Otsuka has finally lost its battle with the FDA to prevent generics of its antipsychotic Abilify from hitting the market. A federal judge issued a final ruling against the Japanese drugmaker, a little more than a month after regulators opened the door for copycat versions of the meds.
Merck's Keytruda gained some regulatory ground in Europe on Friday, nabbing a melanoma recommendation that Opdivo snagged last month. But Opdivo continued to charge ahead, too, winning a nod in lung cancer to help preserve its lead.
Gilead Sciences and AbbVie caught a break for their hepatitis C treatments when the FDA rescinded breakthrough designations earlier this year for potential competitors being developed by Merck and Bristol-Myers Squibb.
Pfizer and Bristol-Myers Squibb's new-age anticoagulant, Eliquis, has been ramping up after a slow start. But Johnson & Johnson, maker of market leader Xarelto, need not worry, thanks to that med's wide base of indications and hefty clinical trials program.
Johnson & Johnson and Bayer are wont to brag about their achievements with Xarelto, one of the new generation of anticoagulant meds. Rightfully so: Though second to that market by many months, the companies grabbed market share from their old standby rival warfarin and their head-to-head competition Pradaxa, too.
The curtain is up on the first act of the annual cancer drug lollapalooza at ASCO. The first round of abstracts spotlights a series of early winners--including Roche--and at least one big loser: Puma Biotechnology.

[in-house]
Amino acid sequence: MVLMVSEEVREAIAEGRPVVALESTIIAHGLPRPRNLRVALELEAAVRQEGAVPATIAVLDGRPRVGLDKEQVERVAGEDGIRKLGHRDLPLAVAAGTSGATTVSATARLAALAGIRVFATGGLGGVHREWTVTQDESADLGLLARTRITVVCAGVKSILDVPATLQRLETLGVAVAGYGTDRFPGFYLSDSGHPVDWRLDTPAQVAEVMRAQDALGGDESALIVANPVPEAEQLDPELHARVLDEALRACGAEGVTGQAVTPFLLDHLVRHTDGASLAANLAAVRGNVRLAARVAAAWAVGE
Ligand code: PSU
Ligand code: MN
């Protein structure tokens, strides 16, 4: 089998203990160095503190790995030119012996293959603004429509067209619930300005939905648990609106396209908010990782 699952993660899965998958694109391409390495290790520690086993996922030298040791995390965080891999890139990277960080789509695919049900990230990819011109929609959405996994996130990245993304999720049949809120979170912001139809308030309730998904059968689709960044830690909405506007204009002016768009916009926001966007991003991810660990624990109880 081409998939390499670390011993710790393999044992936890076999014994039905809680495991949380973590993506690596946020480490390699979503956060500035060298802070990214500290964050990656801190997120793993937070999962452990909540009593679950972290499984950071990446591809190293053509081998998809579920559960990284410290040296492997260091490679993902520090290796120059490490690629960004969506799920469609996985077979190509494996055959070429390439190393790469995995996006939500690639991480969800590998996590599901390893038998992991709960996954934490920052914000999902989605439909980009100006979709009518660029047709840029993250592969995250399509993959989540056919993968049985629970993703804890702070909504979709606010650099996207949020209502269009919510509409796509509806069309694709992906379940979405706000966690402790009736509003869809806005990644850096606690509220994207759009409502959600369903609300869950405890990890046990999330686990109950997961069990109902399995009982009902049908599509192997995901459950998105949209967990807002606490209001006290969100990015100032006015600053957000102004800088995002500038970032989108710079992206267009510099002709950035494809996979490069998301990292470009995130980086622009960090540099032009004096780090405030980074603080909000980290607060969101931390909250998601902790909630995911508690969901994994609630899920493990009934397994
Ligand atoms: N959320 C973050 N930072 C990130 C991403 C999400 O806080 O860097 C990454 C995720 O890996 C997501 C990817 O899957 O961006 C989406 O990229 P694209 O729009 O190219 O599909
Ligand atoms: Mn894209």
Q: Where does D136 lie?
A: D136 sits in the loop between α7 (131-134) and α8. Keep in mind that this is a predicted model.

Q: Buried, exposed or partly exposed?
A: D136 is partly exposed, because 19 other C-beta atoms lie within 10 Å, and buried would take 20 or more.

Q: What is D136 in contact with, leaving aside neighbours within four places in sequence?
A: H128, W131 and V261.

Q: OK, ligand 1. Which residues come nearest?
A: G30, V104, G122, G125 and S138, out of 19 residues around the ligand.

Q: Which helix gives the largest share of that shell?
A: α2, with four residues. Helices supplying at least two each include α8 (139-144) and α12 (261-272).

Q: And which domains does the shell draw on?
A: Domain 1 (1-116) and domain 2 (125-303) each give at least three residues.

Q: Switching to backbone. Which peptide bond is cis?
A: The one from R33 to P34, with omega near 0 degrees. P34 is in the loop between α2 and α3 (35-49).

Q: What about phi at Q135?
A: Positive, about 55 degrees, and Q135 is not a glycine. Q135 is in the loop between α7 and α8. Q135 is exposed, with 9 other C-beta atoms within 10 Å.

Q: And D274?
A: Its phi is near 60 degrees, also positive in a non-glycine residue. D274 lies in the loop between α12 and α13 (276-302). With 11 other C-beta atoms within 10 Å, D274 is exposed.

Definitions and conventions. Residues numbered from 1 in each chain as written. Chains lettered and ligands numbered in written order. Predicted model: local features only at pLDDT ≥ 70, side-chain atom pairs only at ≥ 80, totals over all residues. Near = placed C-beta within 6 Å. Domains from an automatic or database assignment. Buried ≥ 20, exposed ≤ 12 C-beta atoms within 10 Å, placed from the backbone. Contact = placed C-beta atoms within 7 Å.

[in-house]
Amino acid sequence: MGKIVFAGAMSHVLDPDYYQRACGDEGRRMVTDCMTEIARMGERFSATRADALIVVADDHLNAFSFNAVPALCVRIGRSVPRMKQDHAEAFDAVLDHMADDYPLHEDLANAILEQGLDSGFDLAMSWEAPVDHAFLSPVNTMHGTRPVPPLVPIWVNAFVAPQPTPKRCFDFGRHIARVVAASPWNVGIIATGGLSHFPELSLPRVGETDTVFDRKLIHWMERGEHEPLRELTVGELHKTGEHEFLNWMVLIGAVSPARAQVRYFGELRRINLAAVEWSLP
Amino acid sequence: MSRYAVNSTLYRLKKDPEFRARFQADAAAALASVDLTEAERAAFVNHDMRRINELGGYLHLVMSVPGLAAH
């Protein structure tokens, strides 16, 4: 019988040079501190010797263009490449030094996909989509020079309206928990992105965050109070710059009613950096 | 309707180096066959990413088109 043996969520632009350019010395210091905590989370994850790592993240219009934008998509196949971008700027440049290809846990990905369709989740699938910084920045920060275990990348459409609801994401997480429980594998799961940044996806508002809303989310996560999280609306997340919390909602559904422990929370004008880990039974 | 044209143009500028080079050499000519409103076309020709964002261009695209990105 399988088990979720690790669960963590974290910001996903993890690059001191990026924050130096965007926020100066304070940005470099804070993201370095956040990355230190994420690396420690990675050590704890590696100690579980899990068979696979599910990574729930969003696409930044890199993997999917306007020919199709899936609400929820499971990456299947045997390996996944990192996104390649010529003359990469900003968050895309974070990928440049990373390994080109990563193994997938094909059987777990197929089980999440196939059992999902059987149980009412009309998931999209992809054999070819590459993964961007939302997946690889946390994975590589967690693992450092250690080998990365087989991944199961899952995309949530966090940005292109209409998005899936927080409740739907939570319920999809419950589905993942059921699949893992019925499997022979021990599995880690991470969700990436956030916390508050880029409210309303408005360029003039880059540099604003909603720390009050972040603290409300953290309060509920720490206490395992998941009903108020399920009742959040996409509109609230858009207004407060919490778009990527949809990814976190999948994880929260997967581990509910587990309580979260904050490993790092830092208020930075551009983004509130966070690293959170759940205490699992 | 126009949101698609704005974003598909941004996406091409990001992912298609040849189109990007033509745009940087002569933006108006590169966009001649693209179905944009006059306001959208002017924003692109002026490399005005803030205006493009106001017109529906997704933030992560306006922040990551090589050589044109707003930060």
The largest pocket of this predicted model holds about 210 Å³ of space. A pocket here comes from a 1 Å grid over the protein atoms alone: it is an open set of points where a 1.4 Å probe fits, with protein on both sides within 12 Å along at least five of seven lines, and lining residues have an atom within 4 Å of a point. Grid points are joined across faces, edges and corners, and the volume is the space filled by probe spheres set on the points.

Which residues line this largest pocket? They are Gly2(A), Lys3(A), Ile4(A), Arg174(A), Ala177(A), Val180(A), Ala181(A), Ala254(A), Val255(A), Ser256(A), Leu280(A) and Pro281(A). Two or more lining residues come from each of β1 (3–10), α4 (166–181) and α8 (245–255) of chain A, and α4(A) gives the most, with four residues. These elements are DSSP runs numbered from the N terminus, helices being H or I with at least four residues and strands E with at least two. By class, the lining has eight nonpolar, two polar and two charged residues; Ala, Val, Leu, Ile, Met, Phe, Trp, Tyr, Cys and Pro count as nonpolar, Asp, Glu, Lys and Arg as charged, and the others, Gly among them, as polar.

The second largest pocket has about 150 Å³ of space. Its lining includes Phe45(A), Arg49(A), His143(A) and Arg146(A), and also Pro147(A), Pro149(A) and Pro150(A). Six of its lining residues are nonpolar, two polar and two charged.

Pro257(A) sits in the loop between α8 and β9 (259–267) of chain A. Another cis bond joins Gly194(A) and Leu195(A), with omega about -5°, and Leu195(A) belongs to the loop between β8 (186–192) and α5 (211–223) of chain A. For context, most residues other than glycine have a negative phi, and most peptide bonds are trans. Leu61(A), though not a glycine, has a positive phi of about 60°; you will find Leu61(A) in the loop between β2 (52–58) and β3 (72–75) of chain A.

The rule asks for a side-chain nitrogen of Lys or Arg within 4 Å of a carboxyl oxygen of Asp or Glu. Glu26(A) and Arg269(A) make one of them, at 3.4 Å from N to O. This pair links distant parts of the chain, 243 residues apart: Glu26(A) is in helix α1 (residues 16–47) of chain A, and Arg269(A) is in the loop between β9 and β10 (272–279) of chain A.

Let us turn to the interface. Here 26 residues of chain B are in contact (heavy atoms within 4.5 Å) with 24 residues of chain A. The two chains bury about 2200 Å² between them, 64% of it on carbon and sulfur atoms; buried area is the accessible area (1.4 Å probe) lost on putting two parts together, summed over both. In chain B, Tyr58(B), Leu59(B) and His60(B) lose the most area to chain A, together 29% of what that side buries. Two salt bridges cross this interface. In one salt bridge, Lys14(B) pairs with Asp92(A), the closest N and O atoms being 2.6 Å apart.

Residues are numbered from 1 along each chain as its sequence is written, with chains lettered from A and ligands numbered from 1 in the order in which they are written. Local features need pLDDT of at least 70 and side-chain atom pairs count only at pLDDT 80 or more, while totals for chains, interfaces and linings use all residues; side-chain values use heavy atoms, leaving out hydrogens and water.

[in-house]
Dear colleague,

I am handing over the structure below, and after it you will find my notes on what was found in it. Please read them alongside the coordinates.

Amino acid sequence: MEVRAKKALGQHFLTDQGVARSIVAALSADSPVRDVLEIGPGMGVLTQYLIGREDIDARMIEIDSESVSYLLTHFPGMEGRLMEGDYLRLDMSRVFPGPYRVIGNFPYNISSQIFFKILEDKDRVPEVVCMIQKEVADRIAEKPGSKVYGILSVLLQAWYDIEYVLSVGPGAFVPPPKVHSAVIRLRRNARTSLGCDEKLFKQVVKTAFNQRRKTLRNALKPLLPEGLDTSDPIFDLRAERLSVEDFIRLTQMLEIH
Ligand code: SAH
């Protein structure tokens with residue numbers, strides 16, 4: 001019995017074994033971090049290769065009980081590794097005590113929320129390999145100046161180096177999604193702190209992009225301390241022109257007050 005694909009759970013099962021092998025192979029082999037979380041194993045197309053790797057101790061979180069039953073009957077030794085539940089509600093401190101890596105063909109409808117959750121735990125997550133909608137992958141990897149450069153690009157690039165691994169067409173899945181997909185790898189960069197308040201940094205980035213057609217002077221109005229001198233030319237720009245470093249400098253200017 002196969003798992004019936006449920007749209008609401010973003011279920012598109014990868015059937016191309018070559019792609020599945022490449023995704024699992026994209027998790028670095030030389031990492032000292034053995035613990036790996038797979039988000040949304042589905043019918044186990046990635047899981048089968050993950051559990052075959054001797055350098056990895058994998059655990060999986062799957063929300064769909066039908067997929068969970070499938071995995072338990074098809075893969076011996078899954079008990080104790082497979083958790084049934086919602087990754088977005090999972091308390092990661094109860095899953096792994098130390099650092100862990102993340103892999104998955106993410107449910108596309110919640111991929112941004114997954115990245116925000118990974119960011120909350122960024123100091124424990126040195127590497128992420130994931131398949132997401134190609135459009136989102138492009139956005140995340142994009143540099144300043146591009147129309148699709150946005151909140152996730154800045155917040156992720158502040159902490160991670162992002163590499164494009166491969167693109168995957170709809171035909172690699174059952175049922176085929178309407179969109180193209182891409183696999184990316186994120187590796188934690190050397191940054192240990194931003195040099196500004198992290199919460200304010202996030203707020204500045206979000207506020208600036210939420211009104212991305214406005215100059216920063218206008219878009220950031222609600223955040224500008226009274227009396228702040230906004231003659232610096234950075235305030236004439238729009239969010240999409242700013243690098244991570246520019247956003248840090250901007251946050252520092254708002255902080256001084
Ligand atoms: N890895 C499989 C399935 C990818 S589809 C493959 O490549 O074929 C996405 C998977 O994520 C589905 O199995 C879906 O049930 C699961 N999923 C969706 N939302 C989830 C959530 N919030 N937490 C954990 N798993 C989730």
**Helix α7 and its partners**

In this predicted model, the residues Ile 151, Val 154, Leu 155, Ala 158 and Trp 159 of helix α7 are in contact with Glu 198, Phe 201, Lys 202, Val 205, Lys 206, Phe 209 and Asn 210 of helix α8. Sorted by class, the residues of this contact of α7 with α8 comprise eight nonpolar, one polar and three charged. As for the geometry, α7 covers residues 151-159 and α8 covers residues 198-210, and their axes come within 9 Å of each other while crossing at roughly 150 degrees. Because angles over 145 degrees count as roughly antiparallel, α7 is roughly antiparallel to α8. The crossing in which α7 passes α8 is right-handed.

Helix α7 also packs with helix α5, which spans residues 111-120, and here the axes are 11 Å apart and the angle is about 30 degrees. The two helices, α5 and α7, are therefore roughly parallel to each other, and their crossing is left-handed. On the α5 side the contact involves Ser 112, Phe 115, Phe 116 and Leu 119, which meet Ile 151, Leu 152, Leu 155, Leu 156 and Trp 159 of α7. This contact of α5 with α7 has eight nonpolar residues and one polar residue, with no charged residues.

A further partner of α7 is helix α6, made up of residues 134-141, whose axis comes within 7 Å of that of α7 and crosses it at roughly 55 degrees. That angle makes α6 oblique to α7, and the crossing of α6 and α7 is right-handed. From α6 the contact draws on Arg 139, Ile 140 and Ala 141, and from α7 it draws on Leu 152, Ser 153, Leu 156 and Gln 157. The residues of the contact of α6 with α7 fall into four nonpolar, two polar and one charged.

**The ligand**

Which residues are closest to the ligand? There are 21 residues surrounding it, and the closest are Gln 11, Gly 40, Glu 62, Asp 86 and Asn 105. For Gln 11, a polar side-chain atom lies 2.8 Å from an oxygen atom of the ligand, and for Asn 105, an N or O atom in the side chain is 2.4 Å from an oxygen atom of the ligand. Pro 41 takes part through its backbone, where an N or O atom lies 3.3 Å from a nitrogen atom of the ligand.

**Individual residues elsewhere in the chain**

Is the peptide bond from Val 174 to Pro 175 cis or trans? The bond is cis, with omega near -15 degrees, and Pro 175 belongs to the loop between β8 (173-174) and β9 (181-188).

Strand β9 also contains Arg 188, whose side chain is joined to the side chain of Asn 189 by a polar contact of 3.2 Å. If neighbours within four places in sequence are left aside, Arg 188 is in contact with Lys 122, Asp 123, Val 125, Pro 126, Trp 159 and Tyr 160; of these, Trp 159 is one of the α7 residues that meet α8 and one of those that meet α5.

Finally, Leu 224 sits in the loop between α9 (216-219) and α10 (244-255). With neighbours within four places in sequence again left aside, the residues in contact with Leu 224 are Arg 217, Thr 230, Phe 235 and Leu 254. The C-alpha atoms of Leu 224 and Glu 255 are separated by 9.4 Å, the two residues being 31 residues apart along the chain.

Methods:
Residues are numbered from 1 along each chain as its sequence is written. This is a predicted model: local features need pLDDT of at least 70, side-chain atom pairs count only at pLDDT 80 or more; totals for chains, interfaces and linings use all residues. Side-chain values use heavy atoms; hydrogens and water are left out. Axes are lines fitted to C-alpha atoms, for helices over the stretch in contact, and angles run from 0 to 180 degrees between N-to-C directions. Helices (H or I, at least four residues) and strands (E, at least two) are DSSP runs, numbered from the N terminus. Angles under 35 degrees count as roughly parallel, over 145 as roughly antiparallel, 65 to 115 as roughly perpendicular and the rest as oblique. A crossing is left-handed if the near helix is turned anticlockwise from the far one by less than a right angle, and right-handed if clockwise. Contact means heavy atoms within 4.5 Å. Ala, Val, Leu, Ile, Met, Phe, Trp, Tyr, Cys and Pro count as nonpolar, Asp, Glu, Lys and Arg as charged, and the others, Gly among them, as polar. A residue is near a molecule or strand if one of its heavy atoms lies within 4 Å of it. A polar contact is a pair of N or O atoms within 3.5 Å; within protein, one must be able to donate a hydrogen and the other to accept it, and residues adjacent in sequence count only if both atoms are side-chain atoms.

Federal authorities have rounded up nearly three dozen people indicted in a far-ranging scheme in which they allegedly sold $200 million worth of diverted drugs that included blockbusters like Bristol-Myers Squibb's antipsychotic Abilify, Gilead Sciences' HIV med Truvada and Novartis' cancer drug Gleevec.
Trained in his native Italy as a doctor, Giovanni Caforio speaks not only English and Italian, but also Spanish, French and Portuguese. As he steps into the CEO role today at Bristol-Myers Squibb, the question will be how well he speaks dollars and cents.
Just hours after Bristol-Myers Squibb beat Wall Street expectations with earnings that got a goose from antipsychotic Abilify, the FDA opened the floodgates to generics of the blockbuster.
Bristol-Myers Squibb was staring down the end of a barrel at the beginning of this year, bracing for a sales hit as its blockbuster antipsychotic Abilify nears patent expiration. But in an about-face, the drugmaker is celebrating first-quarter earnings that beat the Street's forecasts thanks to promising numbers for some of its newer meds.